• 1 The defendant submits that it is not sufficient that due process requirements are later fulfilled in the courts, and that they must be afforded at the initial stage before the Housing Authority. We disagree. In Thorpe v. The Housing Authority of Durham (1969), 393 U.S. 268, the Supreme Court of the United States reviewed an eviction proceeding involving a federally assisted housing project. The facts in that case indicated that the tenant had not been given any reason for her eviction, and in the trial court no reason was given for her eviction. The tenant there appealed from a decision in favor of the Housing Authority recovering possession. The Supreme Court of the United States, in reversing and remanding the case, required the Housing Authority to comply with the requirements of the Department of Housing and Urban Development Circular dated February 7, 1967. The court further observed:

"The Authority may be able to provide petitioner with reasons that justify eviction under the express terms of the lease * * *. And if she challenges the reasons offered, the Authority may well decide to afford her the full hearing she insists is essential. Moreover, even if the Authority does not provide such a hearing, we have no reason to believe that once the petitioner is told the reasons for her eviction she cannot effectively challenge their legal sufficiency in whatever eviction proceedings may be brought in the North Carolina Courts." 393 U.S. 268 at 284.

Our Supreme Court in Chicago Housing Authority v. Stewart, 43 Ill.2d 96, held the ruling in Thorpe to be binding upon federally assisted housing projects.

In the instant case there is no question as to the compliance with the HUD circular. The text of the circular provides as follows:

"SUBJECT: Termination of Tenancy in Low-Rent Projects:

Within the past year increasing dissatisfaction has been expressed with eviction practices in public low-rent housing projects. During that period a number of suits have been filed throughout the United States generally challenging the right of a Local Authority to evict a tenant without advising him of the reasons for such eviction.

Since this is a federally assisted program, we believe it is essential that no tenant be given notice to vacate without being told by the Local Authority, in a private conference or other appropriate manner, the reasons for the eviction, and given an opportunity to make such reply or explanation as he may wish.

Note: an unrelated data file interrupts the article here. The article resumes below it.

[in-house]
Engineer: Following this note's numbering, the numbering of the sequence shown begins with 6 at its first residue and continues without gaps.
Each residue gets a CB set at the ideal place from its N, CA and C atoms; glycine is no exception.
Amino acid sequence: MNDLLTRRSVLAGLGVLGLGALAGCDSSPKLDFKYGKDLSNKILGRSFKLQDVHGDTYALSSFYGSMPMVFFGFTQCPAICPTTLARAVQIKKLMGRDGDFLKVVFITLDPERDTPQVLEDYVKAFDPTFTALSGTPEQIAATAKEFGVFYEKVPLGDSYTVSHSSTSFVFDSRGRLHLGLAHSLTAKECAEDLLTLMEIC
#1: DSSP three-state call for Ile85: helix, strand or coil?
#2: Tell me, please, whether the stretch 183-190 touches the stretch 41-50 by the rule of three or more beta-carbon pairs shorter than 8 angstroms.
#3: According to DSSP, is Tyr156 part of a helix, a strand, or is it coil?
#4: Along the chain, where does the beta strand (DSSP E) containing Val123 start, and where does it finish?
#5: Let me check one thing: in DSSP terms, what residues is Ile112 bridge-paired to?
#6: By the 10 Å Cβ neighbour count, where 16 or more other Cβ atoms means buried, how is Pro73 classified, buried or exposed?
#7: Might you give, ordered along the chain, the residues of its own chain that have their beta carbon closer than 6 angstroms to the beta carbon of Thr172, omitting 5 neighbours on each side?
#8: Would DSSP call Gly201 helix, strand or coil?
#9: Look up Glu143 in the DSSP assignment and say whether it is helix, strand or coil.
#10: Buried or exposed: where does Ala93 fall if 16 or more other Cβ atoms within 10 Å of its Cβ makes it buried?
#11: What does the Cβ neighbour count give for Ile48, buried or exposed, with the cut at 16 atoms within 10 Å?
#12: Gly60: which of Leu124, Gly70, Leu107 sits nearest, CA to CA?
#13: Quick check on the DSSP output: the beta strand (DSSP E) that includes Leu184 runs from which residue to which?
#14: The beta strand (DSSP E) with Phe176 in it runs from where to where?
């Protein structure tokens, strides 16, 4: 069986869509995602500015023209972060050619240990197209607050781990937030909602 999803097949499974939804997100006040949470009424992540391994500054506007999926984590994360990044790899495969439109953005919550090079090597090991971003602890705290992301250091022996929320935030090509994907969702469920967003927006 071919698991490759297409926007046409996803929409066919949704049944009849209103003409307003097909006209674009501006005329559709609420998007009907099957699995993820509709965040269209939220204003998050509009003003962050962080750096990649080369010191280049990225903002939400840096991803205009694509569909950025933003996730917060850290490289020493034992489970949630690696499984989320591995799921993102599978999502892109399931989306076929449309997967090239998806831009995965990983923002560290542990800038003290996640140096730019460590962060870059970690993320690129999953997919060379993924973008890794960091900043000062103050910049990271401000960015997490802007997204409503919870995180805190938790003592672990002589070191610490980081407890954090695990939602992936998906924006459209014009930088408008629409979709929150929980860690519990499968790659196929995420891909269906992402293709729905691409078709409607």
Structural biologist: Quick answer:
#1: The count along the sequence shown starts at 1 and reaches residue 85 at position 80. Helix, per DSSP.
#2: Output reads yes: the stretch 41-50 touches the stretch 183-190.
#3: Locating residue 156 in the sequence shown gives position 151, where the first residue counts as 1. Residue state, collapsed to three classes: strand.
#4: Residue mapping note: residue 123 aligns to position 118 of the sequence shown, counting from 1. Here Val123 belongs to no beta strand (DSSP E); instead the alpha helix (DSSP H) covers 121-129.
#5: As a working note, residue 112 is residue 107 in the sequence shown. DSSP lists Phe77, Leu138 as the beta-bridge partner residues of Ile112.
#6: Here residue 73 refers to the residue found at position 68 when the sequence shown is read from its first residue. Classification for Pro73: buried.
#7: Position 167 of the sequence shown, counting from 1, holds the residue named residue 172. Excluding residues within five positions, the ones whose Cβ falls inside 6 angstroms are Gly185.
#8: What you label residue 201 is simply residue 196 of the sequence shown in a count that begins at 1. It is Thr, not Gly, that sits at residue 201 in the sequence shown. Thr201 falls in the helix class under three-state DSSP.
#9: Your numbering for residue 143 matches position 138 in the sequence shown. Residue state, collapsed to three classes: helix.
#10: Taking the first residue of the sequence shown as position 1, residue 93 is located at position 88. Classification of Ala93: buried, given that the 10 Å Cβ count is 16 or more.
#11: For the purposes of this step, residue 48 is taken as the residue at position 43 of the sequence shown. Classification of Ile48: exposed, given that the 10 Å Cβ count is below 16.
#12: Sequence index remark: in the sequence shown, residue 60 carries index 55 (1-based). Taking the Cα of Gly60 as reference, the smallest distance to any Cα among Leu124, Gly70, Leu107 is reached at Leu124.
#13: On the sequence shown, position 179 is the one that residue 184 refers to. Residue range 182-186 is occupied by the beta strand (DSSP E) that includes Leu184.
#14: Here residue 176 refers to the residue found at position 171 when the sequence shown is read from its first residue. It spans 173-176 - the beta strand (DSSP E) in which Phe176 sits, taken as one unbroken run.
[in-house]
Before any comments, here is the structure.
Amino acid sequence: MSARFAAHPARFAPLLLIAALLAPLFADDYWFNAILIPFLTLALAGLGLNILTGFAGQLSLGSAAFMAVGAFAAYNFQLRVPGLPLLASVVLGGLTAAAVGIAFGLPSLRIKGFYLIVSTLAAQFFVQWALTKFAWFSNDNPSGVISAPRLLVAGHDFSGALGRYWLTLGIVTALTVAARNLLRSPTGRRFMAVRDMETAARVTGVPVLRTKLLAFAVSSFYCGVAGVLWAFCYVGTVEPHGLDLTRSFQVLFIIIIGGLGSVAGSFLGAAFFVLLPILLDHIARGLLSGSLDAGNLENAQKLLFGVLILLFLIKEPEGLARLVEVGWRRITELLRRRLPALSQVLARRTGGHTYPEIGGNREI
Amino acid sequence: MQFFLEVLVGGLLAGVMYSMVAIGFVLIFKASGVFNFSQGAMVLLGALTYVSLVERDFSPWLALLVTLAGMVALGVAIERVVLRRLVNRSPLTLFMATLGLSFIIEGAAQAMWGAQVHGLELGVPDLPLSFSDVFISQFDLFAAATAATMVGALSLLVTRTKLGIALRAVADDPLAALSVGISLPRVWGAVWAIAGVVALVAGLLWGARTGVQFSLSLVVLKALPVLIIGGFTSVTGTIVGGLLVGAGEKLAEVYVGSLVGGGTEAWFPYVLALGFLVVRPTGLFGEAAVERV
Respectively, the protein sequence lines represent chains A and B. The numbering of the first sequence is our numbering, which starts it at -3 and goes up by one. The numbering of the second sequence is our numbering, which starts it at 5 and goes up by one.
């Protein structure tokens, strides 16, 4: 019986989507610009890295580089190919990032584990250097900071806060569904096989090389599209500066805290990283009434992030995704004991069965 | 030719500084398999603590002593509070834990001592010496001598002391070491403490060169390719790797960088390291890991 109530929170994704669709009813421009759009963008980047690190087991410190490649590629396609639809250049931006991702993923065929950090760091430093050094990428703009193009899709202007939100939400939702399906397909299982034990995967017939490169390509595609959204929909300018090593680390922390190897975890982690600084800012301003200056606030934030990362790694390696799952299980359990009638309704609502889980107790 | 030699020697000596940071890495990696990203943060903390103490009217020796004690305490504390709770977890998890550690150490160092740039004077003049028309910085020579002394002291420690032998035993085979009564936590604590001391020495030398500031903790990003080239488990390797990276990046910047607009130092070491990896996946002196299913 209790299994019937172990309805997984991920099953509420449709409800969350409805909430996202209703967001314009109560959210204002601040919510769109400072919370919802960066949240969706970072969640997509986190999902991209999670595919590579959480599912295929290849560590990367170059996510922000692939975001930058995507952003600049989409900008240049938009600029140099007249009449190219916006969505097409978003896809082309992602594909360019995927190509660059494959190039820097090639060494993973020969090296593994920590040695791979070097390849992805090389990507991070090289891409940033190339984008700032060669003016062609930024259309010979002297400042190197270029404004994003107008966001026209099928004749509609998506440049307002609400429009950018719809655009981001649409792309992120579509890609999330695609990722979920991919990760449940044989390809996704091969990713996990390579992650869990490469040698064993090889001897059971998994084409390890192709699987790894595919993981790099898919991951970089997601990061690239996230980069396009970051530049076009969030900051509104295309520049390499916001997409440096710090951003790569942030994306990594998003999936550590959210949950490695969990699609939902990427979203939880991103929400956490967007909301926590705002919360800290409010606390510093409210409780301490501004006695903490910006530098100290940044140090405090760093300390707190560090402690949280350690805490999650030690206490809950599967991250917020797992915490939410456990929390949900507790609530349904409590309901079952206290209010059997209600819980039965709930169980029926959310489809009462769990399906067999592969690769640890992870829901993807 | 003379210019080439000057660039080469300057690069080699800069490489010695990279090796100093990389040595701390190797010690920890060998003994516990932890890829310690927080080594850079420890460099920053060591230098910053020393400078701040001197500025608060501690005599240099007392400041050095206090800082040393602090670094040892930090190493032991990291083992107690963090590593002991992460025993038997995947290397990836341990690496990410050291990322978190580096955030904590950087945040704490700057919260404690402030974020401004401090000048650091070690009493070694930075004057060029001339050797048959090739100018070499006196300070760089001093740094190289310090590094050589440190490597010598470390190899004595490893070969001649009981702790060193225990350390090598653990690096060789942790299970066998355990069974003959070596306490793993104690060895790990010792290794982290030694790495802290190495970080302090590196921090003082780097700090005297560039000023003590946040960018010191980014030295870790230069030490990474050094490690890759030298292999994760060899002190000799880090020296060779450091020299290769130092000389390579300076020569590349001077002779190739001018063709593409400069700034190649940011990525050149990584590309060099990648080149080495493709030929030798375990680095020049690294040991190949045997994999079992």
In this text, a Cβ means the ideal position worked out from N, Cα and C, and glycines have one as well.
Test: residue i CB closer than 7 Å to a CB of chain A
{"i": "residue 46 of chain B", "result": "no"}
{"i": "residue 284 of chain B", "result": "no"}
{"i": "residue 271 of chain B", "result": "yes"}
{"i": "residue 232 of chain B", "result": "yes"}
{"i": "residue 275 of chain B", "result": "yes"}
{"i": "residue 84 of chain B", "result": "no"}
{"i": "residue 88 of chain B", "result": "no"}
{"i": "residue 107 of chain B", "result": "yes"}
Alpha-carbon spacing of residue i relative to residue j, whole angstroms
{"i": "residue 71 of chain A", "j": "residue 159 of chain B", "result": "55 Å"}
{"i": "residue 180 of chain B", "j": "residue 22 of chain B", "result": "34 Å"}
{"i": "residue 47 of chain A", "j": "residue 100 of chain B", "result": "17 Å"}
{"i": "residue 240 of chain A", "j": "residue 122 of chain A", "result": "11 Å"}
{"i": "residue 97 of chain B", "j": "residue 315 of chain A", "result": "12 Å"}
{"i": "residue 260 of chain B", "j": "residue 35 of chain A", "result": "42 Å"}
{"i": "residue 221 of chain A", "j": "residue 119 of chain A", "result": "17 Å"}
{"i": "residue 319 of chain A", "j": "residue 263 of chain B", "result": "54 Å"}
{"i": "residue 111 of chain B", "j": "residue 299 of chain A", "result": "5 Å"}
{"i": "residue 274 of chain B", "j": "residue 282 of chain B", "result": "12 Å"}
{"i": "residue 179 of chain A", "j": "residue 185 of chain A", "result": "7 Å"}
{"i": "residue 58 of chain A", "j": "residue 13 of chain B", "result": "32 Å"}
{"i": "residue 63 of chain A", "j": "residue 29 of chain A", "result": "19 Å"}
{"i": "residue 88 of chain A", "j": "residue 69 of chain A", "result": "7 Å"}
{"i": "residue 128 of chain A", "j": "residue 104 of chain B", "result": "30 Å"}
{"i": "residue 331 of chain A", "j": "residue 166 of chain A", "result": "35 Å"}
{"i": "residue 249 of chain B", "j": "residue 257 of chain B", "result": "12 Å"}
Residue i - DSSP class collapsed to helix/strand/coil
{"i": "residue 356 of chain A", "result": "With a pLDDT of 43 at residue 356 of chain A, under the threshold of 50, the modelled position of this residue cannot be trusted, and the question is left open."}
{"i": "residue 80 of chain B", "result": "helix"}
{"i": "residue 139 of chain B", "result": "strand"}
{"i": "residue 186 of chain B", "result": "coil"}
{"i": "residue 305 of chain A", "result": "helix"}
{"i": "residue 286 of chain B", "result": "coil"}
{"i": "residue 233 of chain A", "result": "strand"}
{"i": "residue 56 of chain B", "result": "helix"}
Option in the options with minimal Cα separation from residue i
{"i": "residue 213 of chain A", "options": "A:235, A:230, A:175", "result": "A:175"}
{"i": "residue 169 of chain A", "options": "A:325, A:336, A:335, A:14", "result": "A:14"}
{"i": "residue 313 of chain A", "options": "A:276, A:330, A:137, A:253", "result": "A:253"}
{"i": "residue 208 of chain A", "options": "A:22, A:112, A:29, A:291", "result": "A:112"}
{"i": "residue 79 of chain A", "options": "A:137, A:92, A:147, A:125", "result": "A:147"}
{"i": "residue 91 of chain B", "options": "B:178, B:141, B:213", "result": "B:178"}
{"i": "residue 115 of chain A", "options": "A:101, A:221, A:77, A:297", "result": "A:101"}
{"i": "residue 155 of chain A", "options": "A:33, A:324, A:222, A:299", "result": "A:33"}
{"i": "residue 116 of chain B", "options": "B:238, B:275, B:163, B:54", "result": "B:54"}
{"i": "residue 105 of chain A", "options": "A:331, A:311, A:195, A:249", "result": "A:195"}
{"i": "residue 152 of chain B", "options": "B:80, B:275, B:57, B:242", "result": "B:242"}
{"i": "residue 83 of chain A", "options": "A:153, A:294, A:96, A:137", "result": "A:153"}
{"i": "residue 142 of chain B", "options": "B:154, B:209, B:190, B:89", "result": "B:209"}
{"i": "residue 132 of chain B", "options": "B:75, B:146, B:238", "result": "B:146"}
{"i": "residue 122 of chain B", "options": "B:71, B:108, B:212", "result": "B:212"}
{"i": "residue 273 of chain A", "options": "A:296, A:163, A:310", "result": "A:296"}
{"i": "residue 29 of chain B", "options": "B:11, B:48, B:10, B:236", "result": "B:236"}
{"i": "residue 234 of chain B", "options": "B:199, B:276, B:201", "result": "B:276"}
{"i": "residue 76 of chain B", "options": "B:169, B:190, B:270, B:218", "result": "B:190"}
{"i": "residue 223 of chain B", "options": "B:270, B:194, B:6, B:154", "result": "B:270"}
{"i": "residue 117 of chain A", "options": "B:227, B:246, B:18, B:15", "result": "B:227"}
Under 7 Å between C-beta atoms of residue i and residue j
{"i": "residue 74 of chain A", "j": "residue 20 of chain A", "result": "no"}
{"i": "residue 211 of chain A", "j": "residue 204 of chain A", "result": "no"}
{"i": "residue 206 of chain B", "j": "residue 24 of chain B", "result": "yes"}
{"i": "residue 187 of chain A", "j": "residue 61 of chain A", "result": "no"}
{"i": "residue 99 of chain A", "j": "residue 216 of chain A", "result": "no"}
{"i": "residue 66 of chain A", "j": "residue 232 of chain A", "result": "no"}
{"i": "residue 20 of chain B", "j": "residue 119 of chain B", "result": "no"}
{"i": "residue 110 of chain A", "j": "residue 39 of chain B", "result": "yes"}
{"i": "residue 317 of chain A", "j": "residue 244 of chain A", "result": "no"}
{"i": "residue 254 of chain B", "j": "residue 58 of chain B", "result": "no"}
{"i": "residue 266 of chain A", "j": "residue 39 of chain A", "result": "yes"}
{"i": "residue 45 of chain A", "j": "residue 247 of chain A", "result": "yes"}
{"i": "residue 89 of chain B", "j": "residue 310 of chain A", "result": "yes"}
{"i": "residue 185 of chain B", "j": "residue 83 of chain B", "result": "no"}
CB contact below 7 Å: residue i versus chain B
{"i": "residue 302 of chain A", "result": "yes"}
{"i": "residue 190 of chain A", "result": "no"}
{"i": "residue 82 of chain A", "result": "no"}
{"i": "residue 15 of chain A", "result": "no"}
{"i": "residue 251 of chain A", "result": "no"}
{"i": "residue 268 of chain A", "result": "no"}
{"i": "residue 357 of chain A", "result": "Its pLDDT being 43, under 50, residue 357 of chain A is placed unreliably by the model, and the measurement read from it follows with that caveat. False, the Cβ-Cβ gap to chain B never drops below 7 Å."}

In addition to informing the tenant of the reason(s) for any proposed eviction, from this date each Local Authority shall maintain a written record of every eviction from its federally assisted public housing. Such records are to be available for review from time to time by HUD representatives and shall contain the following information:

1. Name of tenant and identification of unit occupied.

2. Date of notice to vacate.

3. Specific reason(s) for notice to vacate. For example, if a tenant is being evicted because of undesirable actions, the record should detail the actions which resulted in the determination that eviction should be instituted.

4. Date and method of notifying tenant with summary of any conferences with tenant, including names of conference participants.

5. Date and description of final action taken.

The Circular on the above subject from the PHA Commissioner, dated May 31, 1966, is superseded by this Circular.

(s) Don Hummel Assistant Secretary for Renewal and Housing Assistance

HUD Circular, 2-7-67."

The defendant was given notice to vacate and was also given notice of the reasons for the eviction. The defendant was further given the opportunity, and in fact, availed himself of the opportunity to appear before the Housing Authority to reply to the alleged reasons.

• 2 Although the defendant does not directly assert that the Illinois Forcible Entry and Detainer Act is unconstitutional, he contends, and correctly so, that it is designed to determine one issue, the right to possession. He further contends that it is a summary procedure to restore possession only to private landlords and does not comprehend the need and dependency of the average public housing tenant, for whom, he contends, more security is needed. No authority is cited for this contention.

As we understand the defendant's position, he urges that he should have had a due process hearing before the Housing Authority before the Forcible Entry and Detainer action was commenced, even though there had been compliance with the HUD Circular, and he had not appealed from denial of the injunction by the U.S. District Court.

We find no authority that such hearing is a prerequisite of the filing of an action under the Forcible Entry and Detainer Act, and as stated by the United States District Court, in denying the issuance of an injunction at the request of the defendant in Moore v. The Housing Authority of the County of Franklin, No. 69-132-D:

"In the instant case the Franklin County Housing Authority complied with the procedures outlined in the HUD circular and extended to plaintiff the notice and hearing required by the Thorpe decision. Furthermore, if a tenant in a public housing project is apprised of the reasons for his eviction and has an opportunity to challenge their legal sufficiency in a state court proceeding, then the cited dictum in the second Thorpe case support the conclusion that a full hearing before the housing authority is not required by the due process clause of the Fourteenth Amendment. Therefore, since the Franklin County Housing Authority must file suit in the Illinois State Courts to recover possession of the leased premises from plaintiff, Forcible Entry and Detainer Act, Ill. Rev. Stat., Ch. 57, it is the opinion of this court that plaintiff's rights to procedural due process are adequately protected under state law."